We are seeing more and more cases in which the Court is prepared to order the sale of a unit due to the owner’s misconduct. As a general statement, the Courts will consider this exceptional enforcement remedy (forced sale of a unit) in cases where the owner has demonstrated very serious misconduct (of the sort that is extremely disturbing or threatening to other residents) and an unwillingness to correct this misconduct after numerous warnings or legal proceedings. Here’s my summary of one such recent Court decision, from Condo Cases Across Canada (which I author for quarterly publication by the National Chapter of the Canadian Condominium Institute).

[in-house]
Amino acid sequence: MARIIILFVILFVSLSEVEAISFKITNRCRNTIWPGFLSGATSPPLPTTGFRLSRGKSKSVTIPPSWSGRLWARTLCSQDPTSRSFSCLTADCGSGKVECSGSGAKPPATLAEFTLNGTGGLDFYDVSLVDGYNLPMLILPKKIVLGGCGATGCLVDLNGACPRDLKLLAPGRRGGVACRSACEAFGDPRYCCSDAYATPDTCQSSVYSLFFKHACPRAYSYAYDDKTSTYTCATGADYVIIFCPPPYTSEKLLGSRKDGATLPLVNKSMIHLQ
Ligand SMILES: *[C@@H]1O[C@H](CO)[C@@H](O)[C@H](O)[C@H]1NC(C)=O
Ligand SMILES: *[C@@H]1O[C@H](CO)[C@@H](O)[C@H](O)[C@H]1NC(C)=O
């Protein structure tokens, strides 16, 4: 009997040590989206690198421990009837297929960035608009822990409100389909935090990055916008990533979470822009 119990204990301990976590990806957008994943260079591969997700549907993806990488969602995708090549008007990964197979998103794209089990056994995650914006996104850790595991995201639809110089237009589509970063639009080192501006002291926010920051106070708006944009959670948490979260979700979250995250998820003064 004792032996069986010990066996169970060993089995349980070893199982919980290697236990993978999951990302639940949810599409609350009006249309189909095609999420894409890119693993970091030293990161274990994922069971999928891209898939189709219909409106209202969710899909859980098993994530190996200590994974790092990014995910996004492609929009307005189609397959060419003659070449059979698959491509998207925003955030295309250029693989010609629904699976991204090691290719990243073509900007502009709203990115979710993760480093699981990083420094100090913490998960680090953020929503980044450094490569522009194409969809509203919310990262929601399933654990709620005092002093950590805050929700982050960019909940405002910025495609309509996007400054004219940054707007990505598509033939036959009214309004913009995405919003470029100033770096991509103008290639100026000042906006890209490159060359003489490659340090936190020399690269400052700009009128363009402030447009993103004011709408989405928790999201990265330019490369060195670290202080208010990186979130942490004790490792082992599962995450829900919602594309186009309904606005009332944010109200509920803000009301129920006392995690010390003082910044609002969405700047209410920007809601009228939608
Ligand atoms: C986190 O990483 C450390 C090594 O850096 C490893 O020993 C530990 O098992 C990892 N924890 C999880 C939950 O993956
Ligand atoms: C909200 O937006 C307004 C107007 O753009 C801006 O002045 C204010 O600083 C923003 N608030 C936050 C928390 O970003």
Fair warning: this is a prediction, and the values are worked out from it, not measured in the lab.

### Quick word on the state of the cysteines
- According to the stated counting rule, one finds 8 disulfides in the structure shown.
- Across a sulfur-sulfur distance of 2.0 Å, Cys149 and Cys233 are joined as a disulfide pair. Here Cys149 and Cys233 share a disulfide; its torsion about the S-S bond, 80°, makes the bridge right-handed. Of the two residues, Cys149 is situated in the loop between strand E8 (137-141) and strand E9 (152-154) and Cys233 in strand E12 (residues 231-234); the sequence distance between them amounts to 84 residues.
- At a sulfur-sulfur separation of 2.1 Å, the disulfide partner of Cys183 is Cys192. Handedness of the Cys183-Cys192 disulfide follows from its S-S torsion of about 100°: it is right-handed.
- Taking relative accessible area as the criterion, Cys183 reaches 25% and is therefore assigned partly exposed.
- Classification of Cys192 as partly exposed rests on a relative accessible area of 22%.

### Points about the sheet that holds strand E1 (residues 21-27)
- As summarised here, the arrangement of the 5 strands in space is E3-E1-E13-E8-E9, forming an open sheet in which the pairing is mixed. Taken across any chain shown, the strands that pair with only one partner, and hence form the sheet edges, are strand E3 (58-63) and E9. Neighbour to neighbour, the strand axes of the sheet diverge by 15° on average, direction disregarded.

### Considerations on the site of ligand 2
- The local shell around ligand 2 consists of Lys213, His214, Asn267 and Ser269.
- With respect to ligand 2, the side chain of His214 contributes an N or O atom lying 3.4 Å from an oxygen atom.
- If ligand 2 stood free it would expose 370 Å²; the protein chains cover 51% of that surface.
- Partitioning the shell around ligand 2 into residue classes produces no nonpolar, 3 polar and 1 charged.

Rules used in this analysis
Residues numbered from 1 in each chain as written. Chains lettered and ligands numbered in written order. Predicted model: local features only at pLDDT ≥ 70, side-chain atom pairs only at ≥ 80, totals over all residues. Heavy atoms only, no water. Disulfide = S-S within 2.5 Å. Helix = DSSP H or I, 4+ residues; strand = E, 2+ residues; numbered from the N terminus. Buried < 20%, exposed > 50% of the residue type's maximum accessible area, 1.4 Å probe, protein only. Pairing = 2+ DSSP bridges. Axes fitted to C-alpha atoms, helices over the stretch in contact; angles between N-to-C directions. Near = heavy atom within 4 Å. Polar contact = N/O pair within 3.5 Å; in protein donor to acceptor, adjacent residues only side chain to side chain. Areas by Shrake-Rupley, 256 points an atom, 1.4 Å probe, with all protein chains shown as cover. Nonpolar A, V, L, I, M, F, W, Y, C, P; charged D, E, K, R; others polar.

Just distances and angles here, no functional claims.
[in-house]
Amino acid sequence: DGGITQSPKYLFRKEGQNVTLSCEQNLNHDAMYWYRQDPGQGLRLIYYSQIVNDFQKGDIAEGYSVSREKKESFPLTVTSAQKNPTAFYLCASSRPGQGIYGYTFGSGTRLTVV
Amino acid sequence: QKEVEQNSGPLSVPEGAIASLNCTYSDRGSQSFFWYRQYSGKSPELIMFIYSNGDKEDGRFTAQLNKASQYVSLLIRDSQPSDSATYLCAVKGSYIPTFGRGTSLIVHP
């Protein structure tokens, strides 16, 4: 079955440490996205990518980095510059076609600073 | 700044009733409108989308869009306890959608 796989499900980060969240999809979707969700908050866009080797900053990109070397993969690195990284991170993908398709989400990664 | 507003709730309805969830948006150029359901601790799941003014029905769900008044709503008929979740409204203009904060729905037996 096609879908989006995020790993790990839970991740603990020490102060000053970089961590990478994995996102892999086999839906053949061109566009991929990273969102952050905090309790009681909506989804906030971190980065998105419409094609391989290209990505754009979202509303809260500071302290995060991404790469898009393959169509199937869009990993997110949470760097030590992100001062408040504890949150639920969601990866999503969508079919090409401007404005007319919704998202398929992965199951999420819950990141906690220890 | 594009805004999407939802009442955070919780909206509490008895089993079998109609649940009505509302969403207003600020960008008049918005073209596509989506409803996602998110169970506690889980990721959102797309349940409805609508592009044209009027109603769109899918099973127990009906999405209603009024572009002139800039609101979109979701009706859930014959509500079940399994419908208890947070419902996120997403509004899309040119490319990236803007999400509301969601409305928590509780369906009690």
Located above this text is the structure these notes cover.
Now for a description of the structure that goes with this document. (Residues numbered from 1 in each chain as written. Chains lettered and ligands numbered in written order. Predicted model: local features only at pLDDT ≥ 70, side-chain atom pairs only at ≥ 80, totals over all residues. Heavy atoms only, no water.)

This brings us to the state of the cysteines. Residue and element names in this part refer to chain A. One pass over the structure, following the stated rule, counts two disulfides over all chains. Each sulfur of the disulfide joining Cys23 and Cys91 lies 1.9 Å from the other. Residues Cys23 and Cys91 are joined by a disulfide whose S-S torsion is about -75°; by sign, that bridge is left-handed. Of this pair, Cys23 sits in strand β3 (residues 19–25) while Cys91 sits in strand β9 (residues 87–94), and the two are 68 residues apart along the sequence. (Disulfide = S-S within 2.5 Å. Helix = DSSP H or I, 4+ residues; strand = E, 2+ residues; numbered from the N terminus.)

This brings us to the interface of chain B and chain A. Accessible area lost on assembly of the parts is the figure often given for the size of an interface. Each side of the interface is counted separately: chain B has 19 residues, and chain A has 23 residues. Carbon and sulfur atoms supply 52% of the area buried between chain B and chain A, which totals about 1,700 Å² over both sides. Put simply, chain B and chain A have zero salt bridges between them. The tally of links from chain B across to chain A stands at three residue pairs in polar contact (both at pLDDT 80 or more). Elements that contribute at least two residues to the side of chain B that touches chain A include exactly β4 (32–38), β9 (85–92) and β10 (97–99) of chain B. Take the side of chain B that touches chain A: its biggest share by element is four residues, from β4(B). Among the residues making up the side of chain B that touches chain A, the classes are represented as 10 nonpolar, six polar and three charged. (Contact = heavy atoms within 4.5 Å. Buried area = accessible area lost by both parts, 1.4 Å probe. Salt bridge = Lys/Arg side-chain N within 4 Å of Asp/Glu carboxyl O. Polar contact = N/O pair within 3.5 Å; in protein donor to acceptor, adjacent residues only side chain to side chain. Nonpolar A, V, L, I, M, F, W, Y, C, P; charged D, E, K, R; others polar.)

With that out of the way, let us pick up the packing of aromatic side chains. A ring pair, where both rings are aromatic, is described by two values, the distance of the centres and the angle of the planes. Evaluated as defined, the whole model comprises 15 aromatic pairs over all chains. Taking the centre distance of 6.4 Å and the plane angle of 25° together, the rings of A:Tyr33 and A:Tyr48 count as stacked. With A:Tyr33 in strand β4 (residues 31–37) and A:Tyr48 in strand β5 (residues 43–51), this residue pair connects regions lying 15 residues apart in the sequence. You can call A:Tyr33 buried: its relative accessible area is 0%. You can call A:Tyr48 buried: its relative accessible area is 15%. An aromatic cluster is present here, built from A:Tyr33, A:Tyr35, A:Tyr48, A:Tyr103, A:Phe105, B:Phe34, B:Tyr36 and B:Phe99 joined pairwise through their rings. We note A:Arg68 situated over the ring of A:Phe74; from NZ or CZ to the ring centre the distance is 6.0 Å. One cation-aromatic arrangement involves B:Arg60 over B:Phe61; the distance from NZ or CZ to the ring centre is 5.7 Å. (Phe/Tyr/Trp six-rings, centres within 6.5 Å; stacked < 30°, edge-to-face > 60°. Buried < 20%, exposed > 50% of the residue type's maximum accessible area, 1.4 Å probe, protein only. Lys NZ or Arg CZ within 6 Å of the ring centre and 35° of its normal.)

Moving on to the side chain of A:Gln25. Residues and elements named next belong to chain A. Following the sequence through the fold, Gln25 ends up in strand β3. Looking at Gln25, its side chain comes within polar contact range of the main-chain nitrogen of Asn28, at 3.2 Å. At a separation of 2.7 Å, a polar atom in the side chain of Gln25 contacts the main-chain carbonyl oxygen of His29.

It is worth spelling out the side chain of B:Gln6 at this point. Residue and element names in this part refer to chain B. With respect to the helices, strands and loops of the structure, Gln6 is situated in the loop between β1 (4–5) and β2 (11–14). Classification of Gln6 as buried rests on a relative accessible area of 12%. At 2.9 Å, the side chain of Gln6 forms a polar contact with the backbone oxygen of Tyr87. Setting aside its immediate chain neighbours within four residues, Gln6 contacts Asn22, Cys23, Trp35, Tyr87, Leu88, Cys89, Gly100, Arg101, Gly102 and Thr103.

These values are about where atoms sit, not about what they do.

Peel Condominium Corporation No. 304 v. Hirsi (Ontario Superior Court) January 15, 2014
Court orders sale of unit
Due to outrageous conduct, the owner was ordered to sell her unit. The Court said:
I am satisfied that given the outrageous and persistent conduct of the respondent, which includes incidents of stabbing and shooting and other intolerable conduct, that per paragraph 87 of Justice Code’s decision in Metro Toronto Condominium Corporation No. 747 and Natalia Korolekh (see Condo Cases Across Canada, Part 32, November 2010) that a perfect storm exists where the misconduct is serious and persistent, with exceptional impact on a building occupied by law abiding senior citizens and that the respondent, on the evidence is incorrigible and unmanageable.